John Ryngsted: a 500-year old sketch portrait?

I had made up my mind to skip my usual Friday blog-post this week, but a researcher in the searchroom has just shown me something which seems worth sharing right away. It was found in a book that would go right over my head: the legal precedent book of Sir Robert Drury of Hawstead, Suffolk (c1455-1535). Drury was a distinguished lawyer and royal servant, and for a time speaker of the House of Commons. The book was, according to our catalogue “apparently drawn up in Sir Robert Drury’s life for him or by a confidential clerk in his service”. However, although the catalogue originally mentioned the fact that the back flyleaf bears the name of one John Ryngsted, it did not mention (until I added it just now) the little portrait, which has been faintly inked on to the same page – so faintly, you may struggle to make the image out clearly.

D2440 portrait

A portrait of Mr Ryngsted, perhaps? Even a self-portrait? And what do you make of his get-up?

D2440 portrait closeup

Treasure 17: The George Woodward cartoon collection

This treasure is a collection of nearly 500 prints and drawings by the artist George Murgatroyd Woodward (1765-1809). Brought up in Stanton by Dale, Derbyshire, Woodward’s artistic talents were apparently evident at a young age, and according to his father ‘he used to draw before he could speak plain’.

The Woodward collection includes his earliest known drawings, a series of pen and ink sketches produced when still in his teens, as well as a series of portraits of actors in Shakespearean roles from between 1782 and 1787. In this video, Lien and Mark have a look at some of them:

Depictions of the earliest balloon flights in England are also included, as are a number of preparatory drawings for his published caricatures.  Here are some of the balloon pictures:

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We have now added digital images of all the Woodward cartoons to our online catalogue.  You can browse them by following this link – this takes you to an overview page showing each image’s file title, but you can then click on any given entry to see the full description and a thumbnail image.  If you click on the thumbnail image, you will see your chosen cartoon in all its full-screen glory.  To search within the collection, click on Advanced Search, then use a keyword or two in conjunction with the reference D5459* (don’t forget the asterisk).  I tried using the word “clown” in the title field and got a single image of a clown – if you try the same thing, you may see why some people have nightmares about them!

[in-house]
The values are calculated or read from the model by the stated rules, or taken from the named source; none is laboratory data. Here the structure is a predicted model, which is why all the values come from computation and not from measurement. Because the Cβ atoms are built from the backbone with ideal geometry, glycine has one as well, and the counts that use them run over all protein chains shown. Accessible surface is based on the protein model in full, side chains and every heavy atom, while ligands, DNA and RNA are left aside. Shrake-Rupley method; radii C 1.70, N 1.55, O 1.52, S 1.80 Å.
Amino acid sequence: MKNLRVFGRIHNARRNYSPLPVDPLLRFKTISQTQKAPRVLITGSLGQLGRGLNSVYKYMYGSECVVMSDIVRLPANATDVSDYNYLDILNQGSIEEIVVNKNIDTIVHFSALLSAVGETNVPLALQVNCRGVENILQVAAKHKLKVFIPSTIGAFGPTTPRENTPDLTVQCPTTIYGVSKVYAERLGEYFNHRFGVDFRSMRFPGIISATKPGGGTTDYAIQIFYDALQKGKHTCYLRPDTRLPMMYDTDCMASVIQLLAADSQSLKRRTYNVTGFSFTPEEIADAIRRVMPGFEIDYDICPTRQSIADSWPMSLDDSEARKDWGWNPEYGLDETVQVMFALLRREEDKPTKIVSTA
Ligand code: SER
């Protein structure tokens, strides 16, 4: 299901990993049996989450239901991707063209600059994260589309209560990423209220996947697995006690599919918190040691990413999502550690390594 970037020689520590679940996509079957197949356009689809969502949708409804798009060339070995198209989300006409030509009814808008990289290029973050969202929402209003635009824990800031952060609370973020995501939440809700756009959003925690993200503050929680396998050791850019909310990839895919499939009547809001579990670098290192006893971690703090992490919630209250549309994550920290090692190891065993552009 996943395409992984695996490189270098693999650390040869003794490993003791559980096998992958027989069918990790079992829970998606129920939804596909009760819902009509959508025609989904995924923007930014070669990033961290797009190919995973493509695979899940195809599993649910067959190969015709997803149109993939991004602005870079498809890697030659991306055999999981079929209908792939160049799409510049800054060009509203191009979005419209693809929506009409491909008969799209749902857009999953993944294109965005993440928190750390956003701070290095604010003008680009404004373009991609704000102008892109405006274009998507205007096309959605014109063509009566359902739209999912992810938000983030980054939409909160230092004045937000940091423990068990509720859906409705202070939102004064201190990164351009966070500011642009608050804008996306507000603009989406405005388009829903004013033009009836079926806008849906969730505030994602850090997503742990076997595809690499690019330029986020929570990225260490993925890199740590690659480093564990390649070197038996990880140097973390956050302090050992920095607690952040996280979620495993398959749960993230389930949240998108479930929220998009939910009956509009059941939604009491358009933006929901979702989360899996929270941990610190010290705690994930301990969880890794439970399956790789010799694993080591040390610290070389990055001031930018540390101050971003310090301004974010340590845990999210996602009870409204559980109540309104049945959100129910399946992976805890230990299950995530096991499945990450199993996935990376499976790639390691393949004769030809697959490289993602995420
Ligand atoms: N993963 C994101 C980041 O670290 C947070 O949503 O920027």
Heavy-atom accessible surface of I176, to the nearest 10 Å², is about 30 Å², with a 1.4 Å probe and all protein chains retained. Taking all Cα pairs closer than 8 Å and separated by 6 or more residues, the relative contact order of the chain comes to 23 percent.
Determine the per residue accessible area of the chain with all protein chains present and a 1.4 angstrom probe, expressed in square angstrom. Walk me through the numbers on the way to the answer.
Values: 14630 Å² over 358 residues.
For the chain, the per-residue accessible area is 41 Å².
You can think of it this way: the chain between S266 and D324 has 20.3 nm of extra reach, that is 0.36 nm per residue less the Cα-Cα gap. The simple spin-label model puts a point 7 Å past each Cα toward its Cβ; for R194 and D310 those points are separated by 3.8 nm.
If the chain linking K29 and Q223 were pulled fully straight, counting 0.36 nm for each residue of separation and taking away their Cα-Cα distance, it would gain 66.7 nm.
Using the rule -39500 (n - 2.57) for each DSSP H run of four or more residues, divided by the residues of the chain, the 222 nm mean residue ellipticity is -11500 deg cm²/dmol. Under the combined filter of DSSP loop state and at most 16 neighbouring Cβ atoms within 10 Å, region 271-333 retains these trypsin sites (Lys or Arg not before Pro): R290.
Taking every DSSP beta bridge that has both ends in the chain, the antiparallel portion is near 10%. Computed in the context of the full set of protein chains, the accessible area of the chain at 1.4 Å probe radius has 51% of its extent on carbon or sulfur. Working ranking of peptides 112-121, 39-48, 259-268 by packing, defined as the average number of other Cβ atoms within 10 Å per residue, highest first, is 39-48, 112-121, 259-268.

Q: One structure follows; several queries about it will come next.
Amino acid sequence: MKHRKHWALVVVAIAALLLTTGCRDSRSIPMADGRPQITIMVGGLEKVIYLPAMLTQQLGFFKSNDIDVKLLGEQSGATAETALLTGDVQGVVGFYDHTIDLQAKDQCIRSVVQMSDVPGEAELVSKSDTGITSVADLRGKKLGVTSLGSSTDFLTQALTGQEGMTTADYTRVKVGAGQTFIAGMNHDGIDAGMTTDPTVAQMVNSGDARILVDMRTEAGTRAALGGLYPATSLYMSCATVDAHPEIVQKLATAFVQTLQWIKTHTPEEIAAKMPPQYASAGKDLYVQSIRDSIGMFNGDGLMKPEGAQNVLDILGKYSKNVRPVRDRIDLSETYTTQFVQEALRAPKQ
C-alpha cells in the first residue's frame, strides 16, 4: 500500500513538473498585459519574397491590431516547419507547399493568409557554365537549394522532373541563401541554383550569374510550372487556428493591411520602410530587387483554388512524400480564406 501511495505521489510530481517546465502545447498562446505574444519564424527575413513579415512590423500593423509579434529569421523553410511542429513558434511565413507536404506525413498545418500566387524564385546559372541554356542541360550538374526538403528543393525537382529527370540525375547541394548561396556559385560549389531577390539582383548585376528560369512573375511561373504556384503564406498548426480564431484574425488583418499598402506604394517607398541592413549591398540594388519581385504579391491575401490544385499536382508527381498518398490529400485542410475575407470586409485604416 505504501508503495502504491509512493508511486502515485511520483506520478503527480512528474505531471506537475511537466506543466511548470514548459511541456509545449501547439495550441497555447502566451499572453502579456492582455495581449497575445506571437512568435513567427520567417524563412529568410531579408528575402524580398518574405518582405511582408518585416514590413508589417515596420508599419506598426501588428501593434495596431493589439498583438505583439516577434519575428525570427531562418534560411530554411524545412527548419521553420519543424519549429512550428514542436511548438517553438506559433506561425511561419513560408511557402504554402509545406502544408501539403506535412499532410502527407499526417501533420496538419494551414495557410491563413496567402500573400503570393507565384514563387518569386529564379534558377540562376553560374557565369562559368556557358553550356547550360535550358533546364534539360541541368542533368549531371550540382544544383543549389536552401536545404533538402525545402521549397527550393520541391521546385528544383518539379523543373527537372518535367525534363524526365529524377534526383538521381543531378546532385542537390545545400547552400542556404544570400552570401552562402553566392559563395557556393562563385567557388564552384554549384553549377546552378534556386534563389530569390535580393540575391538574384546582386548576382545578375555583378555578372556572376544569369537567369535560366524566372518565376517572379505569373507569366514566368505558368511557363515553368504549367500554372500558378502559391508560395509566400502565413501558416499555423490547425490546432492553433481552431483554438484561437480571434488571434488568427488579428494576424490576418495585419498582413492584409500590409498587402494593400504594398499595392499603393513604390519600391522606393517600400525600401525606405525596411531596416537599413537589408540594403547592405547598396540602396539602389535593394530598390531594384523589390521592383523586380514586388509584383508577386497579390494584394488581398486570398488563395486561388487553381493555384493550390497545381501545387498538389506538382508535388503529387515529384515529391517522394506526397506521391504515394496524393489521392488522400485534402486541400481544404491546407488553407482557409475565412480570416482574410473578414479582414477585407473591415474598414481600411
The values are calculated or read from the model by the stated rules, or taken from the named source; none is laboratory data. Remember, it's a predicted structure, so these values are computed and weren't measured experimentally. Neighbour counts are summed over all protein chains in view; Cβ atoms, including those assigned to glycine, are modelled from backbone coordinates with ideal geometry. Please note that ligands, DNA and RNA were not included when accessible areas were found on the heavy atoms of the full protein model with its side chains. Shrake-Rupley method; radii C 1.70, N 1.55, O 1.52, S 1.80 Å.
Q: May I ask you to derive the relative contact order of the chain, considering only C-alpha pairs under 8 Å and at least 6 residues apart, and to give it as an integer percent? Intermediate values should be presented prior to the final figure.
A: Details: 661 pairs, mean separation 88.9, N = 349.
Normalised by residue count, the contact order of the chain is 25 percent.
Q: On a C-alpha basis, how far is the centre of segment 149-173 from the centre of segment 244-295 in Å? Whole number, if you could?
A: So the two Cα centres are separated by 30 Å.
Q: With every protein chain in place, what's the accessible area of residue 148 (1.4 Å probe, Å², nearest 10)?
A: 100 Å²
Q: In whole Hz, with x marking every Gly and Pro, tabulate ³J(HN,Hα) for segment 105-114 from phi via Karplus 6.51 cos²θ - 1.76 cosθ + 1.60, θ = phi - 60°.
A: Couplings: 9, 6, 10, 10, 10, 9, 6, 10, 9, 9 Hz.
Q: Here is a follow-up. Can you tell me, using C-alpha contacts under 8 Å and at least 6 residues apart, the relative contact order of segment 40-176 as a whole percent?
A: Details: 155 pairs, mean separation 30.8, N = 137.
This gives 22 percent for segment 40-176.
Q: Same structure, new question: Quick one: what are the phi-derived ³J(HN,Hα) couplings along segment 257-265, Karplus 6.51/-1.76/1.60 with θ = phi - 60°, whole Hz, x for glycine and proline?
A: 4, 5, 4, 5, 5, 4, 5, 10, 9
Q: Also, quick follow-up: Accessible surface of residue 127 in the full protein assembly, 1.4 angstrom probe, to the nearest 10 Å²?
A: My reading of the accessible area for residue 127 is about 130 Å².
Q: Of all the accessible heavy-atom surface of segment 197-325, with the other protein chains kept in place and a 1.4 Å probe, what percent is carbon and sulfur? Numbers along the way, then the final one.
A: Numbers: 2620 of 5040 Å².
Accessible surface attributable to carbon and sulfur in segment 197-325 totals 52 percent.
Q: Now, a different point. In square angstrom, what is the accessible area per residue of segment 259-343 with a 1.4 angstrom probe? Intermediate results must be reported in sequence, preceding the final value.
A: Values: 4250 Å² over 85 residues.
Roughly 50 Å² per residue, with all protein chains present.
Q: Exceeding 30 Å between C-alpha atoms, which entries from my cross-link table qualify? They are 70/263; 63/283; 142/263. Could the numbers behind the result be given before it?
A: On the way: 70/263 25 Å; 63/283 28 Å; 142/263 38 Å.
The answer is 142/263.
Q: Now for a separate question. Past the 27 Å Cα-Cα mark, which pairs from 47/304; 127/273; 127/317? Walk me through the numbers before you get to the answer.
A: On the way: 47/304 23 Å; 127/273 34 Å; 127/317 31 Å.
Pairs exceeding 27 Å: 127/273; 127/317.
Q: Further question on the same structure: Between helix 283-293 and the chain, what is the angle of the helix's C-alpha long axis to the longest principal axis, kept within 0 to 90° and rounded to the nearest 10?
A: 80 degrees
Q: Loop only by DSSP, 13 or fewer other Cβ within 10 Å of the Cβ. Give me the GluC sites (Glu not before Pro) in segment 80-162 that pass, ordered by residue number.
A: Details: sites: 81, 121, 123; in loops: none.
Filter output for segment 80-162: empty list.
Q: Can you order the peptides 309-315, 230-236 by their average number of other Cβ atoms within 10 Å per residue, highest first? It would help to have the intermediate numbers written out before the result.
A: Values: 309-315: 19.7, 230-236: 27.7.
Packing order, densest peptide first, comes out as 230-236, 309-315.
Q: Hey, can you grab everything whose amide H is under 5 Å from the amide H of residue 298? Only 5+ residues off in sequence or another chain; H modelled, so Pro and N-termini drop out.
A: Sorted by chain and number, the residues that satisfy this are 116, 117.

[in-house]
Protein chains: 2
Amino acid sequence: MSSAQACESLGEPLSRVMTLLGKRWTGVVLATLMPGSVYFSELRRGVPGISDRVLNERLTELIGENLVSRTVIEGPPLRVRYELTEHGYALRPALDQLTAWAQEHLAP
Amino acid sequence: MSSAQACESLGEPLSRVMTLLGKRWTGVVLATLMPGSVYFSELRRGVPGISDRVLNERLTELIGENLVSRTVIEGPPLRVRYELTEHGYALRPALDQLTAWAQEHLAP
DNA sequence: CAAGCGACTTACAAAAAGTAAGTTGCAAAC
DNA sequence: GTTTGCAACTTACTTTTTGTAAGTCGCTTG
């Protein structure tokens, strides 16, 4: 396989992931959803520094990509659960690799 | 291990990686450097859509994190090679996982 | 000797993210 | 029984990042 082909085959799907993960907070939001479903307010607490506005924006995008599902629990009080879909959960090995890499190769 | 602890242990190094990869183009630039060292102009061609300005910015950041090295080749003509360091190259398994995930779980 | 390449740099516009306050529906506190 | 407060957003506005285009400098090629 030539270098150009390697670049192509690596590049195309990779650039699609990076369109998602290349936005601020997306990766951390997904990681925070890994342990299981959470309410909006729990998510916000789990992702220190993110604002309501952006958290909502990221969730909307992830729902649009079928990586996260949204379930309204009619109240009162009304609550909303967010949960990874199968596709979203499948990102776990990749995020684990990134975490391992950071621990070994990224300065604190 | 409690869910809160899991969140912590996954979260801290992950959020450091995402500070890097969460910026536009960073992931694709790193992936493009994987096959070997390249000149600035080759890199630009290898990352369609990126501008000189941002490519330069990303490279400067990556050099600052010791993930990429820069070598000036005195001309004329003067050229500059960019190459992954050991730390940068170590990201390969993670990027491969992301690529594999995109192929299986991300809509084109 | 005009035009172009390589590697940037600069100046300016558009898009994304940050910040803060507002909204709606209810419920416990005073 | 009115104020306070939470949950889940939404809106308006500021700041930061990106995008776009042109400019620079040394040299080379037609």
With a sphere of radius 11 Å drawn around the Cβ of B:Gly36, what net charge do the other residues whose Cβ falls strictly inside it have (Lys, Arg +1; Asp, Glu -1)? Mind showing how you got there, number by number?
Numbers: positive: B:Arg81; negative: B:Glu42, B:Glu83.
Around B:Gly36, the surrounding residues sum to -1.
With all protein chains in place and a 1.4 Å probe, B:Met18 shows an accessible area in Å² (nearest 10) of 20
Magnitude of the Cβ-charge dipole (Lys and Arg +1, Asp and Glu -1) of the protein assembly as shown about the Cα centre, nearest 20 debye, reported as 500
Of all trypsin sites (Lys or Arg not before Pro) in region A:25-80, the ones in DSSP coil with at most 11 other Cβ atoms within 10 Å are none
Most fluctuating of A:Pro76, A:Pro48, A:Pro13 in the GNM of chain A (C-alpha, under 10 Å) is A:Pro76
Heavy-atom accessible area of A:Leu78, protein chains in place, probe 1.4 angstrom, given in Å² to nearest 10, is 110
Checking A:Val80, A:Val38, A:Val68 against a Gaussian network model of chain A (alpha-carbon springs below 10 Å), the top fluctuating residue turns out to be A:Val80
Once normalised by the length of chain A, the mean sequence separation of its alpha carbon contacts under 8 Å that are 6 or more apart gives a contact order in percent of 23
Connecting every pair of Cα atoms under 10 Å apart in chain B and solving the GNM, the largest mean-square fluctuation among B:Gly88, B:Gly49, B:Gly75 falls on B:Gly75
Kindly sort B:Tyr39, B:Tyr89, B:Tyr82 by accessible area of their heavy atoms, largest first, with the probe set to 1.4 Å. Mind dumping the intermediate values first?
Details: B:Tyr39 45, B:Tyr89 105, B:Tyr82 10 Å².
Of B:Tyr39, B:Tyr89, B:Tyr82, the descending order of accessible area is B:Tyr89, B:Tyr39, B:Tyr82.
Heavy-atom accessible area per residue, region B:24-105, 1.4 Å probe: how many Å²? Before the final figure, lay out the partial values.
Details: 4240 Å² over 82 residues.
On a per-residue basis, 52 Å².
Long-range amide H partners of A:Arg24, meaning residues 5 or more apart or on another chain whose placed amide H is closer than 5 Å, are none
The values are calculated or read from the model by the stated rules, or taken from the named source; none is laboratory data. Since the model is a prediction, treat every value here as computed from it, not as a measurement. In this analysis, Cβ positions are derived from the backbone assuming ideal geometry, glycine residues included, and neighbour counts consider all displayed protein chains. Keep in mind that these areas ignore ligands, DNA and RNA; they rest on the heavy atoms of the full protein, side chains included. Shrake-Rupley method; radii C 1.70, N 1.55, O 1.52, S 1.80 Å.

During his brief career Woodward collaborated with some of the best known caricaturists of the day in order to produce his prints, and the collection includes examples of work produced in conjunction with Thomas Rowlandson, Isaac Cruikshank and Thomas Newton.

Woodward was more interested in the humour to be found in everyday life than in high politics and his caricatures provide a fascinating insight into the tastes and fashions of 18th century England.

As our Senior Conservator Lien explains in the video, she nominated the Woodward collection as one of Derbyshire Record Office’s 50 Treasures after being introduced to the archive during her job interview.  ‘There was this massive heap of dirty and damaged prints, drawings and watercolours lying on a table and I was asked what I would do with them…we certainly ended up doing all the work I’d suggested.’

Explore Your Archive – Get the Ball Rolling

As we await kick-off of the first Explore Your Archive week, here is a vigorous selection of images for sporting ladies and gentlemen.

D5459/2/23/9 Image from Grotesque Borders for Rooms & Halls, George M. Woodward & Thomas Rowlandson, 1799

D5459/2/23/9 Image from Grotesque Borders for Rooms & Halls, George M. Woodward & Thomas Rowlandson, 1799

D5459/4/32/5 A Cricket Match Extraordinary, Thomas Rowlandson, [1811]

D5459/4/32/5 A Cricket Match Extraordinary, Thomas Rowlandson, [1811]

D5459/3/11 A Mistake at New-Market, or Sport and Piety, George M. Woodward & Thomas Rowlandson, [1807]

D5459/3/11 A Mistake at New-Market, or Sport and Piety, George M. Woodward & Thomas Rowlandson, [1807]

The Derby Races advert, Derby Mercury, 29 July 1813

The Derby Races advert, Derby Mercury, 29 July 1813

D5459/2/23/14 Image from Grotesque Borders for Rooms & Halls: No 21, George M. Woodward & Thomas Rowlandson, 1800

D5459/2/23/14 Image from Grotesque Borders for Rooms & Halls: No 21, George M. Woodward & Thomas Rowlandson, 1800

Boxing report, Derby Mercury, 13 May 1829

Boxing report, Derby Mercury, 13 May 1829

D5459/2/23/12 Image from Grotesque Borders for Rooms & Halls: No 18, George M. Woodward & Thomas Rowlandson, 1800

D5459/2/23/12 Image from Grotesque Borders for Rooms & Halls: No 18, George M. Woodward & Thomas Rowlandson, 1800

The Football, Derby Mercury, 28 February 1827

The Football, Derby Mercury, 28 February 1827

EYA-poster-story-boxes

Jack Junk’s Opinion of the French Language

To mark European Day of Languages (http://edl.ecml.at/), here is a cartoon by Derbyshire-raised cartoonist George M. Woodward, taken from the large collection of his works held here:

 

 The sailor on the left asks:

Why Jack! You was so long in a French Prison, I suppose you larnt to patter their Lingo a little?

The sailor on the right replies:

No Bob, I never some how fancied it, they call things out of their names so d–nably, – why would you believe it.  They call a Horse a Shovel and a Hat a Chopper!!

Uncoloured print. 348 x 245 mm.

Date: Aug 1805

Catalogue number: D5459/2/39